DATA APPEARED to support President Obama’s claim that the economy is recovering yesterday, as two employment measures showed marked improvement, and non-manufacturing industries were shown to be expanding.
The non-manufacturing sector reported growth for the 32nd consecutive month, jumping to 53.7 on the headline ISM index yesterday, up from 52.6 in July – a score of 50 indicates no change on average.
This overall score came from a robust expansion in business activity, where the index, though down 1.6, was still a healthy 55.6, combined with expansions in both employment and new orders.
But Chris Williamson at Markit warned that growth may be slowing, because much of the rise was driven by the backward-looking jobs index, and the forward-looking new orders index fell slightly.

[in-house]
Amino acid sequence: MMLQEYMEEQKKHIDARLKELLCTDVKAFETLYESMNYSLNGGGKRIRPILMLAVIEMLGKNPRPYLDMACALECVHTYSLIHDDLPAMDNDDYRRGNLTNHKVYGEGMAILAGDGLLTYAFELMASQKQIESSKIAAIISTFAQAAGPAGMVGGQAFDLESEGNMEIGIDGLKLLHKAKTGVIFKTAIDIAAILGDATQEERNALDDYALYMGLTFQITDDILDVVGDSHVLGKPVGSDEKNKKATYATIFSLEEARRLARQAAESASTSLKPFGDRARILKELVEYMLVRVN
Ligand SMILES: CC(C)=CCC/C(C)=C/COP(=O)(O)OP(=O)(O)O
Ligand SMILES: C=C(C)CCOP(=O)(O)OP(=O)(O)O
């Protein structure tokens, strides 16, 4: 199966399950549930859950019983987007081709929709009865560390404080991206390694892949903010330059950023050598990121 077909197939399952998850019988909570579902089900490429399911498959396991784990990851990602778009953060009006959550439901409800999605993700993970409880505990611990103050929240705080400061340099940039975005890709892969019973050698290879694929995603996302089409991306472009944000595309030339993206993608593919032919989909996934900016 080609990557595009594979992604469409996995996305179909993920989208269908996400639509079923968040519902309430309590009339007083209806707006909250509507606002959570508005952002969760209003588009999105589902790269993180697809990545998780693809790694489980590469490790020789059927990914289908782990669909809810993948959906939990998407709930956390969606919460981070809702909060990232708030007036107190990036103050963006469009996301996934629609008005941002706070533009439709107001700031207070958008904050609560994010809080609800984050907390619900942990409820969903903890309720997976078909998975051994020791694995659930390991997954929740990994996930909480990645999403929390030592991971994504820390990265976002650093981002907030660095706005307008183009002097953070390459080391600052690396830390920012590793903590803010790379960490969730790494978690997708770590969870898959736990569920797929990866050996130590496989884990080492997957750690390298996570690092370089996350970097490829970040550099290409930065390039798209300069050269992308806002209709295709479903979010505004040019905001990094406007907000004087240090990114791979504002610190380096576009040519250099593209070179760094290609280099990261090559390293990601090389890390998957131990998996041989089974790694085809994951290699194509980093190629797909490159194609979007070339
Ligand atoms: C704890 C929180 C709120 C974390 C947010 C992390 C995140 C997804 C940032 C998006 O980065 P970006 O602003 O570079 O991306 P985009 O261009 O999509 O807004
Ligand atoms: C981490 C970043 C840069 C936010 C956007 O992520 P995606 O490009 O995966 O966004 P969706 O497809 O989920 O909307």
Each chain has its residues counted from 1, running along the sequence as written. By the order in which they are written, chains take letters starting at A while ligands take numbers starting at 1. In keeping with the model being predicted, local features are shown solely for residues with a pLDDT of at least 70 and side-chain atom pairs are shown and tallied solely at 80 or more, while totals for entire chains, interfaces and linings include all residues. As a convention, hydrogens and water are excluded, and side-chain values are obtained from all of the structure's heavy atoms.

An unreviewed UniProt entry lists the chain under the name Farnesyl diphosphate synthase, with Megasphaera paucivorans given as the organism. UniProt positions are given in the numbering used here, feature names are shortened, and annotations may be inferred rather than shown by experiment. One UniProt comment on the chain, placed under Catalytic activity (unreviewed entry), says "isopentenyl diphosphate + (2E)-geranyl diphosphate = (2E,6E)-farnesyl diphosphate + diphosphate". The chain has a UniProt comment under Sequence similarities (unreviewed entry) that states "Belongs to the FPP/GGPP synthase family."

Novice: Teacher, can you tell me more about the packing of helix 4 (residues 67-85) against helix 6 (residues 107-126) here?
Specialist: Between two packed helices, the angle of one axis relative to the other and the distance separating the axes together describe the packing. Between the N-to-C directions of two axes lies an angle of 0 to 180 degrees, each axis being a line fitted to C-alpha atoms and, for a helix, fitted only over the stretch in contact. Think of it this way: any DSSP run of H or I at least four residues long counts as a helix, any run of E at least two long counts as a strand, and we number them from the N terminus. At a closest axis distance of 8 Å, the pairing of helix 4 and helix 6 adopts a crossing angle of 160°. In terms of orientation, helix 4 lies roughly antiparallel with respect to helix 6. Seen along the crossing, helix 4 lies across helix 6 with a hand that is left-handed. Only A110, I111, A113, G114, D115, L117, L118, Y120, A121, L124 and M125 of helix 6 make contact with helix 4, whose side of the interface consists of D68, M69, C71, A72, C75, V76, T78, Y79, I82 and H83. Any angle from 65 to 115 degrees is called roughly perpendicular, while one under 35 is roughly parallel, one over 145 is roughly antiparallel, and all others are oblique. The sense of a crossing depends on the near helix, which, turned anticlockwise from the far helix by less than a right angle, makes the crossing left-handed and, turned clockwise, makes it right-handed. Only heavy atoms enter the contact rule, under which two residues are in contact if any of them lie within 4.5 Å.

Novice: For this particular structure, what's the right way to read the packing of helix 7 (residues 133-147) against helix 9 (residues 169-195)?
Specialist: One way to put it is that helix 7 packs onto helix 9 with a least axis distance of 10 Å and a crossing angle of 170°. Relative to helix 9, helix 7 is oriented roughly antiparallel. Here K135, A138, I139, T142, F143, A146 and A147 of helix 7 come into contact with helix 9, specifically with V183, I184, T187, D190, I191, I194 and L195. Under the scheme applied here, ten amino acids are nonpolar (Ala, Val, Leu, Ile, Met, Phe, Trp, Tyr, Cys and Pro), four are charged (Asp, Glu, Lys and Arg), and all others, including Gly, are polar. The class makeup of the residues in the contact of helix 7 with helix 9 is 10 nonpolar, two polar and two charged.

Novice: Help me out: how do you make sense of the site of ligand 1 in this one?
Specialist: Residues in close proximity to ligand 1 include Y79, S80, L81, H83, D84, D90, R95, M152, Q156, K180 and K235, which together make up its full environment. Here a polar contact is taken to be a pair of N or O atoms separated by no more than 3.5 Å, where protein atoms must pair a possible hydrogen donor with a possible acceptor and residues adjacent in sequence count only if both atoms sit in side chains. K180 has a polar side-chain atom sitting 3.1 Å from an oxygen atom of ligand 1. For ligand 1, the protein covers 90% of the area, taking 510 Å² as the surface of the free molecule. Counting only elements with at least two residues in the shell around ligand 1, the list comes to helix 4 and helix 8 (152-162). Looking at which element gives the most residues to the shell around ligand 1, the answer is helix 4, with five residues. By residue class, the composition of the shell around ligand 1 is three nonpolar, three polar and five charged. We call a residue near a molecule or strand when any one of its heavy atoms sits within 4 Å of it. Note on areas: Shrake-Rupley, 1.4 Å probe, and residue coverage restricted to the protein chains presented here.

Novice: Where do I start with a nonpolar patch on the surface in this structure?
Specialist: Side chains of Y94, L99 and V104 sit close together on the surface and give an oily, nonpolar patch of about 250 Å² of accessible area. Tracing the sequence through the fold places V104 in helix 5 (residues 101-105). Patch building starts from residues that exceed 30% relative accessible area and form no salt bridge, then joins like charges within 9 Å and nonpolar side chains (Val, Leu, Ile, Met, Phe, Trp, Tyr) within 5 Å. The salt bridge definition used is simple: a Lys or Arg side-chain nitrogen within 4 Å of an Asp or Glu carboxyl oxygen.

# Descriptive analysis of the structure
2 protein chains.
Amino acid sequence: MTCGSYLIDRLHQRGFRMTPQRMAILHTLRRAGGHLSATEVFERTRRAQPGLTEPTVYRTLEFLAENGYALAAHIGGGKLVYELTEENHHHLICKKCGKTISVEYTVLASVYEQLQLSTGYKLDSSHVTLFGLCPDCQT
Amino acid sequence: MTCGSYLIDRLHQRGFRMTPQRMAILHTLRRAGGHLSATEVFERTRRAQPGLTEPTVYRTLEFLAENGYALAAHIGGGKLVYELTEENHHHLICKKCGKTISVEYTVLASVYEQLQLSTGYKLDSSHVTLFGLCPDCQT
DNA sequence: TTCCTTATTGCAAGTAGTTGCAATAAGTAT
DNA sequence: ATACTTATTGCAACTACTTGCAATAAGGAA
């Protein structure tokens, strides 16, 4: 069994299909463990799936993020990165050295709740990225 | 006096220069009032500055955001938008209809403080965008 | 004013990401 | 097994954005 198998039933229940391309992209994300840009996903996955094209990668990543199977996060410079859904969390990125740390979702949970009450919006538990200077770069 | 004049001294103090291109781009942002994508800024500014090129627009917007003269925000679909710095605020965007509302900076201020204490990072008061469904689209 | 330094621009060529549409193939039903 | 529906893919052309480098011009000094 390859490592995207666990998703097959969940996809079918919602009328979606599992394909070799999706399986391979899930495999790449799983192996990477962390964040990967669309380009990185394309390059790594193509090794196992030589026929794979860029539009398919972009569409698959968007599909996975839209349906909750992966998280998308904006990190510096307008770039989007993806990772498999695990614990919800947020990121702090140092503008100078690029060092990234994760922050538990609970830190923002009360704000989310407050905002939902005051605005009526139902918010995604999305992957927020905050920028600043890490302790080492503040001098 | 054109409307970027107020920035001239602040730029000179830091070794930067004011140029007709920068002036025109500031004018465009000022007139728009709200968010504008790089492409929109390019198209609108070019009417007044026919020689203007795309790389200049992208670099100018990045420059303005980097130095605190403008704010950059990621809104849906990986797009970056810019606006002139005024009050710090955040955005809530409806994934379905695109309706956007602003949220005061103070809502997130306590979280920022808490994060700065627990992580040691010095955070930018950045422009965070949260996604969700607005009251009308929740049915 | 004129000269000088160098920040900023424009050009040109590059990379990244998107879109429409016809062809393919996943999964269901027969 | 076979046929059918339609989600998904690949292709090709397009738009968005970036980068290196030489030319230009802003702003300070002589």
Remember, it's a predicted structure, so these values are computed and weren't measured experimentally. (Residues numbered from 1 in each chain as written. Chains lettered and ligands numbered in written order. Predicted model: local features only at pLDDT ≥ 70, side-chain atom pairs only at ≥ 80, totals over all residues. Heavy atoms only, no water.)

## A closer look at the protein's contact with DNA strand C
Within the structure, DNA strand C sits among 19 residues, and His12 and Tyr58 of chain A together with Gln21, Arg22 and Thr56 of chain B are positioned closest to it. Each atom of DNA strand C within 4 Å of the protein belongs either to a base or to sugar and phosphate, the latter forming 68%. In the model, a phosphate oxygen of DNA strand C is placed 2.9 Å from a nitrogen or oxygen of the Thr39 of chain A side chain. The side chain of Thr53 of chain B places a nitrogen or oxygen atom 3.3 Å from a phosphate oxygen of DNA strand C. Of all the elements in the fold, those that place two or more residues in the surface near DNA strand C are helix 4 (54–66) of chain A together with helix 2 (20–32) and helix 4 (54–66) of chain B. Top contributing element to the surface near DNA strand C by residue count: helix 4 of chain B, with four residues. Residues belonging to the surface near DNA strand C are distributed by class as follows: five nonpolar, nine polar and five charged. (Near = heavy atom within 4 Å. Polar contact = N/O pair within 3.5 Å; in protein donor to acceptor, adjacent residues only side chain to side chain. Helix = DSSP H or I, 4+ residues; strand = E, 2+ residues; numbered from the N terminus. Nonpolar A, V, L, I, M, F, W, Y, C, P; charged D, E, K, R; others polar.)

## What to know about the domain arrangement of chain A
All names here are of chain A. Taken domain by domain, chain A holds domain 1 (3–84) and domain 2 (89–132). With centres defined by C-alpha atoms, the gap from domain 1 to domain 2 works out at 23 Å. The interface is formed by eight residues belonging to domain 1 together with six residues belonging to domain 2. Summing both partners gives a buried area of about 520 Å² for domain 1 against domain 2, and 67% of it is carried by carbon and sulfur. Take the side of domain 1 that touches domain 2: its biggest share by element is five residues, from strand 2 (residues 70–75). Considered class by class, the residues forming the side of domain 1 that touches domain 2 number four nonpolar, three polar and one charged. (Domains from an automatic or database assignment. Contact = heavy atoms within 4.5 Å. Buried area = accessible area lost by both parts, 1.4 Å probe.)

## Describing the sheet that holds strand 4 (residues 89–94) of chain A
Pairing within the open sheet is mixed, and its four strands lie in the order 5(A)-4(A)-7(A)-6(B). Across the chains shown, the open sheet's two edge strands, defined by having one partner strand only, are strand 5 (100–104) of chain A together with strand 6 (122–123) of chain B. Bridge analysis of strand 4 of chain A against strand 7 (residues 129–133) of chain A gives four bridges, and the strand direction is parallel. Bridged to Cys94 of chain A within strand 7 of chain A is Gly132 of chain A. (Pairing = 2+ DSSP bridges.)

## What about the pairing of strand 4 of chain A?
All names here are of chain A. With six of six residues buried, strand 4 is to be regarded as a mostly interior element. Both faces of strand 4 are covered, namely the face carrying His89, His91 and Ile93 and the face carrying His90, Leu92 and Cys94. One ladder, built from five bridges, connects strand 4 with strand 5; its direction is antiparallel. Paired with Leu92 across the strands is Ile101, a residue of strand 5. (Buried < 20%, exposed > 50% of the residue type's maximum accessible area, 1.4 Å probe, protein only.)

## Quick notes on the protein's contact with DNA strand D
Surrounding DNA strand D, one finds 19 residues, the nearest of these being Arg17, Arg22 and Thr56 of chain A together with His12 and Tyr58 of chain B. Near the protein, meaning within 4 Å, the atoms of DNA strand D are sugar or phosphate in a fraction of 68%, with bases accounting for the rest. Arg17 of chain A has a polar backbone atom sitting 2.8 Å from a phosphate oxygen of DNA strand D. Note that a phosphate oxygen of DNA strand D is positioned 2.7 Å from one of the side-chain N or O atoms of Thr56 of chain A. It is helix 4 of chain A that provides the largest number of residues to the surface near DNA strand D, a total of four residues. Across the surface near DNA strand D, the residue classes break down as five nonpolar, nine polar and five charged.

“The downturn in the non-manufacturing business activity index suggests that the overall pace of economic growth was the slowest since last October – with the exception of the exceptionally weak pace in June,” Williamson said.
Weekly jobless data, released by the Department of Labor, backed up the positive picture given by ISM’s employment sub-index.
The adjusted level of new claims dropped 12,000 last week, while the actual number of claims dropped further, to another four year low.
And another data release, this time from Automatic Data Processing, said private-sector employment increased over 200,000 between July and August.